PHILADELPHIA -- After loading the bases without recording a hit and forcing Jacob Arrieta out of the game, the Brewers watched Phillies reliever Luis Garcia throw five pitches, all strikes, and pin Milwaukee's sixth-inning rally down to its last strike.Grand slams mean 40% off pizzaThree straight balls and a Ji-Man
PHILADELPHIA -- After loading the bases without recording a hit and forcing Jacob Arrieta out of the game, the Brewers watched Phillies reliever Luis Garcia throw five pitches, all strikes, and pin Milwaukee's sixth-inning rally down to its last strike.
Grand slams mean 40% off pizza
Three straight balls and a Ji-Man Choi pinch-hit grand slam later, the Brewers had turned a one-run deficit into a three-run lead during Saturday afternoon's 12-3 win at Citizens Bank Park, holding onto first place and opening the offensive floodgates in the process.
"I think it's a game of momentum, we just saw the momentum shift happen," Choi said through a team translator. "People started getting on base and I was able to deliver and all the guys were able to deliver as well."
Choi's first career grand slam sparked an outburst that buried the Phillies with 12 runs for the second night in a row. It was the first time since May 31 and June 1 of last year that the Phillies allowed double-digit runs in consecutive games. But for the Brewers, it was a welcome turnaround after failing to score more than five runs on a road trip that saw them drop a pair of series in Chicago and Cleveland.
"It feels really good," Choi said, "mainly because we were down and just to come back and get that."
The inning began with Ryan Braun reaching on catcher's interference. Jonathan Villar walked, and Arrieta hit Erik Kratz with a pitch. Phillies manager Gabe Kapler opted for Garcia in the high-pressure situation, and he answered with a three-pitch strikeout of Orlando Arcia.
Choi's fate appeared similar when he got behind Garcia 0-2. But he watched three balls go by and knew a fastball was coming. Choi whacked the 3-2 pitch to the opposite field, just barely sneaking it to the left-field corner with a 20 percent hit probability. The grand slam traveled just 347 feet and left the bat at 96 mph, according to Statcast™.
"That's a really big spot in a baseball game, and it's just a fabulous at-bat," Brewers manager Craig Counsell said. "It's the kind of at-bat where the chips are pretty stacked against you and you still come back and you produce something incredible."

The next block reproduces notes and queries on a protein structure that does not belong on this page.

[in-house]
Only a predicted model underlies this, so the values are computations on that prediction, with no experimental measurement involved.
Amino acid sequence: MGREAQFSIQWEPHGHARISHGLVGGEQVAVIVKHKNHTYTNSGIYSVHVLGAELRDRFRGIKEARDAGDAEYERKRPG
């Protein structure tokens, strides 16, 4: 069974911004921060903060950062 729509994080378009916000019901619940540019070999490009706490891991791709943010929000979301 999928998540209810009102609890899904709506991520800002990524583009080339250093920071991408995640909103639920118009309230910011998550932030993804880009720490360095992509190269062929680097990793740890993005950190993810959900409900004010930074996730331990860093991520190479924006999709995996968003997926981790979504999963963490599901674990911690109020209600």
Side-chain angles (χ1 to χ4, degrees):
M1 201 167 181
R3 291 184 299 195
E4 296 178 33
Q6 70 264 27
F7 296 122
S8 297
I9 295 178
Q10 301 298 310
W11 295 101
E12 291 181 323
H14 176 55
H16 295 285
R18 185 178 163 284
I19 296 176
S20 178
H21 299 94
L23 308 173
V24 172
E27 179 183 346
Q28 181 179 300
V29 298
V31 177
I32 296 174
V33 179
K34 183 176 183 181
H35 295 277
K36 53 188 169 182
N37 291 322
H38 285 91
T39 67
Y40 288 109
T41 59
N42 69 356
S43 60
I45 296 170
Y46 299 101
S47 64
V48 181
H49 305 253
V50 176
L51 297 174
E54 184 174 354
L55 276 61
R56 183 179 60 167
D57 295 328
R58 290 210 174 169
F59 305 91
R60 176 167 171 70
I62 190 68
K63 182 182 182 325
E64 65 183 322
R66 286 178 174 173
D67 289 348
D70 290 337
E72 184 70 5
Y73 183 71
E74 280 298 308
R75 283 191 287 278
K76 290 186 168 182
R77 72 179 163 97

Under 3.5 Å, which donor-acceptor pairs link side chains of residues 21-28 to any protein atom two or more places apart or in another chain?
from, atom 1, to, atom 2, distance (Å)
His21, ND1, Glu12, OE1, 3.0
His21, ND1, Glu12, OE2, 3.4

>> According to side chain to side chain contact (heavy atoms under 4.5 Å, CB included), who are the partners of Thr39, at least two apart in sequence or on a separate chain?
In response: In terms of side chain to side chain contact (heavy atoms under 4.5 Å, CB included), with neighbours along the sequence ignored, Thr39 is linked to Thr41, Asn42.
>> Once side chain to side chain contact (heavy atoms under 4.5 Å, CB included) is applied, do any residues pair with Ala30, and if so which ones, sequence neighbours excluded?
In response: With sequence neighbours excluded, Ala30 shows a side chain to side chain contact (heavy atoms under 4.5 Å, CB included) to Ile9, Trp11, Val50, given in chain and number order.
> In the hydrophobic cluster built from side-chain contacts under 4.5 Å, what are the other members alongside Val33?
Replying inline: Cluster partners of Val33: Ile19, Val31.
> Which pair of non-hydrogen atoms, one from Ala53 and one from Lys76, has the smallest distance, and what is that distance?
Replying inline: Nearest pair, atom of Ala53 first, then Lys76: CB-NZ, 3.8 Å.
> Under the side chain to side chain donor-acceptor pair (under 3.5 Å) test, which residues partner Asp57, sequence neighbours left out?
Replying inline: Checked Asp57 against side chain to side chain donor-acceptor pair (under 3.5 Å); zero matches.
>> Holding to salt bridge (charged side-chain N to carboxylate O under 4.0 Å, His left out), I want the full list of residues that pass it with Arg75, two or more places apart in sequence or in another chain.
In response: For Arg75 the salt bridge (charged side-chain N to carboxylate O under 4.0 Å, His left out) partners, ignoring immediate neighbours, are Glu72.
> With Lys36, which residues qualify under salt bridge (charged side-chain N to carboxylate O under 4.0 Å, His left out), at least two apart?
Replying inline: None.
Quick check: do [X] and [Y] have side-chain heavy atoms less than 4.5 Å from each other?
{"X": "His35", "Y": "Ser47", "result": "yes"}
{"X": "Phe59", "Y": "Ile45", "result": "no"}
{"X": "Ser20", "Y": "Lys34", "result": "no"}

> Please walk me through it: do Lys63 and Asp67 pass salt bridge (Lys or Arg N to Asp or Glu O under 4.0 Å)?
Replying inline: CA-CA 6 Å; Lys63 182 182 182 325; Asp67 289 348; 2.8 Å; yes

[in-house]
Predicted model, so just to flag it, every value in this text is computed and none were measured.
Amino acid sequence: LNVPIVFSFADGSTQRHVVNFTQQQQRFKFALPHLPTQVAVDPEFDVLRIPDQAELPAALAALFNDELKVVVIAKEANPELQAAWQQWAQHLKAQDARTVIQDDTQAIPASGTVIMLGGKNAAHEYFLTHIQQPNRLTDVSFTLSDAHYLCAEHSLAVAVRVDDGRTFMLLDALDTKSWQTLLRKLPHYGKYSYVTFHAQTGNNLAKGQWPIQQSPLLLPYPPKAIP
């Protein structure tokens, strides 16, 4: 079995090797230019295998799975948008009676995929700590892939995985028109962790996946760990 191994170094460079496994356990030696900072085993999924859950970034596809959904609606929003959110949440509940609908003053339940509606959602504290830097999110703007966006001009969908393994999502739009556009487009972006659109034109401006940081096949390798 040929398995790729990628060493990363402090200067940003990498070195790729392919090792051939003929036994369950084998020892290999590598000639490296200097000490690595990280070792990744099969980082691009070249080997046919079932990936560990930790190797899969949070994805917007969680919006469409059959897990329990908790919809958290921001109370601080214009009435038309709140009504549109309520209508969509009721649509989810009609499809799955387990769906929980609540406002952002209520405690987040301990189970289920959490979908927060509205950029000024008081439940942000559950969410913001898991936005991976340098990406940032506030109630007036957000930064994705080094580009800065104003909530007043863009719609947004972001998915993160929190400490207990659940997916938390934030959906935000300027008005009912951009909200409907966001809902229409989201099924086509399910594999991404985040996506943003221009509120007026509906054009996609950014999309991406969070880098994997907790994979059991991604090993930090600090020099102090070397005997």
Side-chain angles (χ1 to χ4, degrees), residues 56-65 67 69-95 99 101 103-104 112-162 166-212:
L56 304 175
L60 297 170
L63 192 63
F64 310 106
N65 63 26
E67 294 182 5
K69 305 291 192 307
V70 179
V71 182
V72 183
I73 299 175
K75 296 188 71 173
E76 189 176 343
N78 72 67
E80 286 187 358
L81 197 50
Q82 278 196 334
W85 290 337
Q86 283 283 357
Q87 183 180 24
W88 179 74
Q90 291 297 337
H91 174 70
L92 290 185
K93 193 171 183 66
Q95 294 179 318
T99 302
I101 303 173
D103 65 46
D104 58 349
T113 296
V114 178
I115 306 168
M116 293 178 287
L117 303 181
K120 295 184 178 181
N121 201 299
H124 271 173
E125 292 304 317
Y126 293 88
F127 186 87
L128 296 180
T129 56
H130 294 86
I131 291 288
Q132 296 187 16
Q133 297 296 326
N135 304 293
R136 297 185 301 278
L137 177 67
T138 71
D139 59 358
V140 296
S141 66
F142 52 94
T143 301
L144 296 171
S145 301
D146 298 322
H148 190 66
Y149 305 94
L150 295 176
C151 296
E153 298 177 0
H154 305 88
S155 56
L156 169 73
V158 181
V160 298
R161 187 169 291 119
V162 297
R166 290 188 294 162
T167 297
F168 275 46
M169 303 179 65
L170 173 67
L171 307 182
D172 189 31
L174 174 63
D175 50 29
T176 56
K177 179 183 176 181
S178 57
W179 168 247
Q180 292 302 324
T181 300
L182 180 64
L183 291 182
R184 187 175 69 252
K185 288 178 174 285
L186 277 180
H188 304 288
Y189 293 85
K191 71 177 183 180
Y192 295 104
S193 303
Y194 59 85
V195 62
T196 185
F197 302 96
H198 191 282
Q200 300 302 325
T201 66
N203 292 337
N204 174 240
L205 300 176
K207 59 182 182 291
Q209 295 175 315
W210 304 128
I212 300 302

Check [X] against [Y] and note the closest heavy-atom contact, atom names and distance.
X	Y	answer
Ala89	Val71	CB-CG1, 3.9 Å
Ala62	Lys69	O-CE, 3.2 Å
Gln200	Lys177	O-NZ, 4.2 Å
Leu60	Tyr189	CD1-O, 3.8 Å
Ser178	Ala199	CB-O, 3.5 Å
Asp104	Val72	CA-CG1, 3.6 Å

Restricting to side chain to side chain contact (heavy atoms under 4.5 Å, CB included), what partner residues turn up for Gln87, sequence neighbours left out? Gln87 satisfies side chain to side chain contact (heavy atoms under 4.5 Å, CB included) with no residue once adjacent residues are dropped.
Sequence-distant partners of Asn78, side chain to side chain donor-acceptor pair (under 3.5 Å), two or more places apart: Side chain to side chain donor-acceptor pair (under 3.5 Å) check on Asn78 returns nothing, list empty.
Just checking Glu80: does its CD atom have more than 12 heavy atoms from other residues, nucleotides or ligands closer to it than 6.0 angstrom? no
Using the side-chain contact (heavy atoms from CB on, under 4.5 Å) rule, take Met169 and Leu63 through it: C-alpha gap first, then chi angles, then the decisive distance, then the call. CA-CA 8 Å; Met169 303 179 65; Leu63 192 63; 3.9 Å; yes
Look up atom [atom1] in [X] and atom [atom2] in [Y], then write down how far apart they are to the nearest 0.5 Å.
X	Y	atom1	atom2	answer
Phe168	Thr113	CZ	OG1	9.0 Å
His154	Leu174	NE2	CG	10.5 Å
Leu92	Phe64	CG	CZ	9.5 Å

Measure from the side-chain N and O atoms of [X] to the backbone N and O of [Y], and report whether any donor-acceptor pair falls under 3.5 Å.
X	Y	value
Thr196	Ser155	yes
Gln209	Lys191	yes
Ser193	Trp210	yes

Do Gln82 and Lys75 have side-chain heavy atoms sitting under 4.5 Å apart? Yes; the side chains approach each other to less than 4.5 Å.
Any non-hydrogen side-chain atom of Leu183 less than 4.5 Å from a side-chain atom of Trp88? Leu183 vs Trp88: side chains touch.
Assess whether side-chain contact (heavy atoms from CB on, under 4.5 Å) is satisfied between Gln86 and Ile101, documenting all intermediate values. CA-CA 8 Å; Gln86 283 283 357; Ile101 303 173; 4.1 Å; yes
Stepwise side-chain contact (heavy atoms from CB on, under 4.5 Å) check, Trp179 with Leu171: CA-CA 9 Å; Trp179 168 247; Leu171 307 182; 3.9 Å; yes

In the dugout, an aggressive barrage of high-fives met Choi, who entering Saturday had one home run and six hits on the year. He had been recalled from the Minors on June 2 to DH during recent Interleague Play, and collected just one hit and seven strikeouts in 14 at-bats.
On Saturday, though, he played the hero. Starting pitcher Brent Suter -- who allowed three runs in five innings before Josh Hader, Taylor Williams, Dan Jennings and Boone Logan combined to finish the game from the bullpen -- said it was one of his favorite moments of the year.
"Just so happy for him," Suter said. "It was chaotic [in the dugout]. We had bodies flying, arms going in the air. It was crazy."
MOMENTS THAT MATTERED
One too many: After Arrieta walked Villar to put runners on first and second with one out in the sixth, Kapler took a lengthy visit to the mound. He kept Arrieta in the game. Arrieta hit Kratz on the second pitch of the at-bat, and Kapler had seen enough. This time, he pulled his starter.
That's when Garcia entered, striking out Arcia on three pitches, only to fall victim to Choi's stunning grand slam in the next at-bat.
Mercy: The Brewers bats' stayed alive in the seventh. Christian Yelich singled to open the frame. A Jesus Aguilar double scored him. A Braun single scored him. A Villar home run plated two more, and the Brewers suddenly had a 10-3 lead. They'd add two more in the ninth thanks to a Phillies throwing error and a Hernan Perez single.
"It's fun to play with, fun to watch," Suter said. "We've got great swings by a lot of people today."
The Brewers have not lost a game in which Hader has pitched this season, amassing a 21-0 record when Hader sees action. That is a Brewers franchise record for a pitcher to start the season. Hader had not pitched since June 2, but tossed a perfect sixth frame with one strikeout. His ERA is down to 1.02.
YOU GOTTA SEE THIS
Aguilar homered off Arrieta to open the scoring, giving the Brewers a first-inning homer for the second day in a row. Aguilar now has nine home runs in his last 23 games after just two in his first 33 games this year.
"Against a guy like [Arrieta], to take a little piece of him just right off the bat, that's important," Counsell said. "It tells the guy, 'Hey, it's gonna be tough and you gotta make pitches to this whole lineup.'"
HE SAID IT
"A grand slam, you need players on base, so it's more about teammates than me. Just them getting on base and giving me that opportunity." -- Choi
Brandon Woodruff (2-0, 6.05 ERA) returns to the Brewers from Triple-A Colorado Springs to start the 12:35 p.m. CT series finale at Citizens Bank Park on Sunday. Woodruff last pitched in the Majors on May 23 and owns an 8.49 ERA in three 2018 starts. The Phillies start Zach Eflin (2-2, 3.74 ERA), who stymied the Cubs over 7.2 one-run innings last week at Wrigley Field.
Joe Bloss is a contributor to MLB.com based in Philadelphia.